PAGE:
Meck. County to ramp up COVID-19 testing; plans to test 13,000 people weekly over 30 days
CHARLOTTE, N.C. (WBTV) - Mecklenburg County is taking more of an aggressive role when it comes to COVID-19 testing.
Public Health Director Gibbie Harris said the county is moving onto its next phase, which includes testing five percent of the county’s population in the next 30 days.
Health officials are planning to test about 13,000 people per week, and more than 1,850 per day, during that span.
Mecklenburg’s announcement comes one day before North Carolina enters Phase 1 of Gov. Cooper’s plan to slowly reopen some businesses, including allowing more shoppers in retail stores. The stay-at-home remains in effect for at least another two weeks. And rules that closed gyms, restaurant dining rooms, and other businesses remain in place.
With increased testing, the number of daily cases will continue to increase.
On Wednesday, there were 74 new reported coronavirus cases in Mecklenburg County. On Thursday, there were 69 additional cases.
Mecklenburg is now collecting more than 700 tests daily from Atrium and Novant, The Charlotte Observer reported on Wednesday.
Harris said that as of Thursday afternoon, there have been 1,932 reported cases of the virus in Mecklenburg County with 59 deaths.
There have been more than 36,000 tests conducted by healthcare systems in Mecklenburg County, which is 3.2 percent of the county’s population.
Harris says the hospital systems in Mecklenburg County have added mobile and ambulatory testing sites in place to reach communities where access to health care can be a challenge.
“We’ve had conversations with the hospital systems and members of the community on how we can make that happen,” Harris said.
Harris also said health officials are making sure that tests are available and provided to those who need it the most.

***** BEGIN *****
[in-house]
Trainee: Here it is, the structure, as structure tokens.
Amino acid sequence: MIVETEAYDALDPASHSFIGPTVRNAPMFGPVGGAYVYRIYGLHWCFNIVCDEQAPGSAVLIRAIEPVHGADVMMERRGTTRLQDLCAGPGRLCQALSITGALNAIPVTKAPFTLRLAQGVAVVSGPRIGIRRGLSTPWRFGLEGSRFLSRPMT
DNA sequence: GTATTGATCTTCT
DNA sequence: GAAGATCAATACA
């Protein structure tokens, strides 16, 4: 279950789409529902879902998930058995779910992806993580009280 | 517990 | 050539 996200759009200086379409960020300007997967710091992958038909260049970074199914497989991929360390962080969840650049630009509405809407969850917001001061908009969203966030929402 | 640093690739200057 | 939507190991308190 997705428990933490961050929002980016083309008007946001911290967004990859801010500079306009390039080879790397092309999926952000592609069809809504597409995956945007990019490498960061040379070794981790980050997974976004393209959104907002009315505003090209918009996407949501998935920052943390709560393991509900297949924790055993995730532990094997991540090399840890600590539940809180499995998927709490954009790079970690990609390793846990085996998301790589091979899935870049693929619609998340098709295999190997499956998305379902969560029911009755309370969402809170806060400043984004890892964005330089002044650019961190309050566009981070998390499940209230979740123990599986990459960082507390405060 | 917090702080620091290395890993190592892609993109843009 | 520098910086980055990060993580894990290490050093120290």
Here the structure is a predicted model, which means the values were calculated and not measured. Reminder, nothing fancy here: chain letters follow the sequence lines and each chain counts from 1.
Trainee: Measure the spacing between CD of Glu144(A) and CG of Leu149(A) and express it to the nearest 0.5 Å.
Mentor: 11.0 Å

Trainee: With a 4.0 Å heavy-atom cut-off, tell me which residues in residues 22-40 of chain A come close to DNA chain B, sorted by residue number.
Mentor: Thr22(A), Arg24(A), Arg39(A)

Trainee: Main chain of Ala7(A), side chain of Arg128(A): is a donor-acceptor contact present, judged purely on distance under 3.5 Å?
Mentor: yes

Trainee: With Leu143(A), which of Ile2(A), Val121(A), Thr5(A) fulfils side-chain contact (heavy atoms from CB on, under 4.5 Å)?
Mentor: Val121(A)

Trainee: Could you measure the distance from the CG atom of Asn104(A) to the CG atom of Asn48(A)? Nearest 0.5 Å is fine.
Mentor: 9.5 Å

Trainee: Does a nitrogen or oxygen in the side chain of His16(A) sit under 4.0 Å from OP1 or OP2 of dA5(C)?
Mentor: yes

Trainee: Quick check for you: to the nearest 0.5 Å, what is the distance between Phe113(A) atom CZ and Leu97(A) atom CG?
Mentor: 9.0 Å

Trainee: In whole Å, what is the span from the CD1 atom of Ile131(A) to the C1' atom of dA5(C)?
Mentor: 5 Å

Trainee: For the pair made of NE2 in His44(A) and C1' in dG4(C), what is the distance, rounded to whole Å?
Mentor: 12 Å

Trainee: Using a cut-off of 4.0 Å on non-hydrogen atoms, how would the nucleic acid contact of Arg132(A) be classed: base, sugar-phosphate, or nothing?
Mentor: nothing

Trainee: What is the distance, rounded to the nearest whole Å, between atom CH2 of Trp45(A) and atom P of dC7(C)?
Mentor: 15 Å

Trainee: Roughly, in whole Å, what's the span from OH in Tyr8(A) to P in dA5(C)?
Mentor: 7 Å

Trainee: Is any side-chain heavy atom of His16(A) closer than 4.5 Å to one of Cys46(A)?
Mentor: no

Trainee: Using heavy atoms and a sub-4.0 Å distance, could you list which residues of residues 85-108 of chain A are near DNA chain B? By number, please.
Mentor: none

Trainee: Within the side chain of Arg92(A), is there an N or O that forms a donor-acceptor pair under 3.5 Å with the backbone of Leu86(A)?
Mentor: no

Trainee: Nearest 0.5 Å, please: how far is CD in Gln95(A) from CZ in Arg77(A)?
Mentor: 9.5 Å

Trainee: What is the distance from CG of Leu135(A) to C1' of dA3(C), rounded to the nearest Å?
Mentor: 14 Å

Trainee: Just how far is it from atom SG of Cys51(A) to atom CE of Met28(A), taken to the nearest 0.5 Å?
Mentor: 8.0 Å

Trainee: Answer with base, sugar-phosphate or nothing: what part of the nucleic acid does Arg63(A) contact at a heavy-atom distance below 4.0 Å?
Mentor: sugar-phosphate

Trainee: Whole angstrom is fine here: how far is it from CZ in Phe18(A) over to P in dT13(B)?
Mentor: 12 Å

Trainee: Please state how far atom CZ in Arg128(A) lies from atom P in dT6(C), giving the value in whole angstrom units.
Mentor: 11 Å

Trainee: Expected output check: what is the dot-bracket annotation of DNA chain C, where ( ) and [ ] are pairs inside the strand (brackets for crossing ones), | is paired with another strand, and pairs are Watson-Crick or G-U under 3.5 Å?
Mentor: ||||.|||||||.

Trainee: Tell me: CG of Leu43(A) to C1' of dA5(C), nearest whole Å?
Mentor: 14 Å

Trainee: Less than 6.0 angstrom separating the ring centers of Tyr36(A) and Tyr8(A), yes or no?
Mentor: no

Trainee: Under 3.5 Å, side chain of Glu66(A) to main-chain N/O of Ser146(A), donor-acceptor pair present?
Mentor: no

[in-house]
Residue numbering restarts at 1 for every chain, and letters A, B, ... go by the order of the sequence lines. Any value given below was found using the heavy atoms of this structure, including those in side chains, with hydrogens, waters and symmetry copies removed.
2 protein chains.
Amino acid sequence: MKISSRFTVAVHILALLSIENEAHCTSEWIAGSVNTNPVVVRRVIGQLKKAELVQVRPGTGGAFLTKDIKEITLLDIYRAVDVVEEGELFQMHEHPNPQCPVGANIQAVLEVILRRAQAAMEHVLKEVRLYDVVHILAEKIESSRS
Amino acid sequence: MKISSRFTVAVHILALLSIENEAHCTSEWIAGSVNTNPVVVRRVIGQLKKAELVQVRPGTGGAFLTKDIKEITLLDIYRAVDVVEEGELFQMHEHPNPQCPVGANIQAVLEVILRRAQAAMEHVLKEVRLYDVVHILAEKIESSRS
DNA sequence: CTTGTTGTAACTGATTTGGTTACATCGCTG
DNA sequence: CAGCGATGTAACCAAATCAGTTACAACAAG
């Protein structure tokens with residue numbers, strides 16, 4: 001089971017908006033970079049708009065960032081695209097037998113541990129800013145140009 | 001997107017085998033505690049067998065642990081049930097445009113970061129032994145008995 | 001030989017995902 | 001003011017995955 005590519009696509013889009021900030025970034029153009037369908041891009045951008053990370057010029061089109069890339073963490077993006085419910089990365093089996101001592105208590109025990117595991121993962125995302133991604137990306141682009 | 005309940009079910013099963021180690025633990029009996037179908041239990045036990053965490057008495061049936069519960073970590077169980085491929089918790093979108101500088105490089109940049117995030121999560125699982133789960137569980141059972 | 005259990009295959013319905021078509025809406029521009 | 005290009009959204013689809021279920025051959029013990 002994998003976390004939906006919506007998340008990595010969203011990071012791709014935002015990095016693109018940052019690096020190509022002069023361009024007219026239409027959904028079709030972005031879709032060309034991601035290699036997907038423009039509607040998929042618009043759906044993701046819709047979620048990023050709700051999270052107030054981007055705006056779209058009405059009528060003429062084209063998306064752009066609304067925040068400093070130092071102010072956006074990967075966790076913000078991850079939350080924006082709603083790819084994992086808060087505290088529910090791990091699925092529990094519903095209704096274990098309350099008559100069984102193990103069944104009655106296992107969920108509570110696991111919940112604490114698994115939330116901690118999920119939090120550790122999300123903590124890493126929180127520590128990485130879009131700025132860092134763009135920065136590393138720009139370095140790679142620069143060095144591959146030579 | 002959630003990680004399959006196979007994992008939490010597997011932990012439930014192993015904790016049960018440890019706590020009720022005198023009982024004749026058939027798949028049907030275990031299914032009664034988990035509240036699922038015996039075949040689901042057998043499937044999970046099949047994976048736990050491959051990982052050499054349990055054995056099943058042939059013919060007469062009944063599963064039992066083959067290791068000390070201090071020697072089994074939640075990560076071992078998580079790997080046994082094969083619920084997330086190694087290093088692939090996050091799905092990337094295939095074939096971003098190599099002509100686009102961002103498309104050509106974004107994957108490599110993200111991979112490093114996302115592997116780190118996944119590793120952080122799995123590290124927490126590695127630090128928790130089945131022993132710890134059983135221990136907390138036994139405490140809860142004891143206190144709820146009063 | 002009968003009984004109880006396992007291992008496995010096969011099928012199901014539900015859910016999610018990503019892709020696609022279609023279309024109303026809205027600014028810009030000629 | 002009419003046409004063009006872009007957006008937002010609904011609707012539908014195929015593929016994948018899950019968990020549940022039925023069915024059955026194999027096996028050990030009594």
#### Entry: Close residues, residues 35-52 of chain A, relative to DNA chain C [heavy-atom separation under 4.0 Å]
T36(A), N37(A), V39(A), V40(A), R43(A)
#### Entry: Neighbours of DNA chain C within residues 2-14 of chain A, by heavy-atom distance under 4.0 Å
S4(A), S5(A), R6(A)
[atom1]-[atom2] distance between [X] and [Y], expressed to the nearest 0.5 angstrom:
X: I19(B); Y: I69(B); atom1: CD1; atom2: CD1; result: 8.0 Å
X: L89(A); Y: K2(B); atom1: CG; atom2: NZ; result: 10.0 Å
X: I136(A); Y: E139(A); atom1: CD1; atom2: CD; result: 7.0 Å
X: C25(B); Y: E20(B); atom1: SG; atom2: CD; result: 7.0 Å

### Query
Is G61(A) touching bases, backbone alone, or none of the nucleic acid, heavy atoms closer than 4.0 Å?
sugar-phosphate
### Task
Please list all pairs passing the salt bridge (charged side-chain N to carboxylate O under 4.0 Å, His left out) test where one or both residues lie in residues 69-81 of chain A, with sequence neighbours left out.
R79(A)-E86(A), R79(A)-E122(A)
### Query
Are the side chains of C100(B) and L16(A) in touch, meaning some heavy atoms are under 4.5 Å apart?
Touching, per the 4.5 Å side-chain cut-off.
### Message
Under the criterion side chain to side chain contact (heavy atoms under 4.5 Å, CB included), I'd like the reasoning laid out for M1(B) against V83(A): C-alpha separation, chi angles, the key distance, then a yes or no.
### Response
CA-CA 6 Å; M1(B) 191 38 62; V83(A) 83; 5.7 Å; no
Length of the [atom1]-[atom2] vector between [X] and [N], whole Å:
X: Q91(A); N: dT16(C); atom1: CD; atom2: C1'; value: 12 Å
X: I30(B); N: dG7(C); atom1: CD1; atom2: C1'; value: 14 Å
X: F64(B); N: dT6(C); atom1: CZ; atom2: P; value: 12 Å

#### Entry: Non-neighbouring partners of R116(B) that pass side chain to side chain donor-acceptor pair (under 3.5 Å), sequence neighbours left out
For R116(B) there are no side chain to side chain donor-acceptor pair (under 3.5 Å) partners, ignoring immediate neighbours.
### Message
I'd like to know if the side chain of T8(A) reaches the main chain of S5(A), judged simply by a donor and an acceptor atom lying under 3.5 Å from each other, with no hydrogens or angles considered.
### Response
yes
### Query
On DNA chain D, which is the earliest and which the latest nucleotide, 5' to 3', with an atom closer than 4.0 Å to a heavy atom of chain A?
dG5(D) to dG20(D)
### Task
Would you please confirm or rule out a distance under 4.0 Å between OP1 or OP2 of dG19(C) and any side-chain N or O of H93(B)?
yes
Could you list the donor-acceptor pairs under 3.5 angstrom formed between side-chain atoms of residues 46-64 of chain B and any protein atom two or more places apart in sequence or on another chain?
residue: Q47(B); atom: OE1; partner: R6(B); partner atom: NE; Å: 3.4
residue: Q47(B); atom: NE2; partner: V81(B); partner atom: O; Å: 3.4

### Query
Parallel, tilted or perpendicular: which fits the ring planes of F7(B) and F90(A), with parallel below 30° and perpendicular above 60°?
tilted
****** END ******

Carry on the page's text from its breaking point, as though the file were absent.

The goal, Harris said, is to track infections, isolate the infected and quarantine those that are exposed.
“This is the only way we are going to be able to keep this under control,” Harris said. “This strategy has been developed based on currently available testing information and state and federal guidance.”
Harris added that deaths, the county’s percent positivity and hospitalizations are either stable or declining,
“Our strategy is focusing on testing the detects the presence of the virus,” Harris said.
Currently, Harris said the public health system is not moving into antibody testing, even though it is somewhat available within the community.
Health officials say the testing will be provided based on priority or three groups.
The first group of people being tested includes individuals with moderate to severe symptoms, individuals 65 years and older, or those with underlying health issues who are showing symptoms, people in congregate living facilities and first responders.
The next priority, which health officials are getting following phase one of the reopening process includes those with mild symptoms, which include children, people who have medium to high risk of exposure, and those who work in a healthcare facility.
The third priority will be in place two weeks after initiating phase 2 or the reopening process, and that includes people who are referred by health care officials or medical personnel.
“We know we have COVID-19 in our communities and we are going to keep seeing spreads,” Harris said. “We need to be watching our data and responding appropriately to see if we keep seeing more cases at a rate that is not sufficient to maintaining management of this in our community.”
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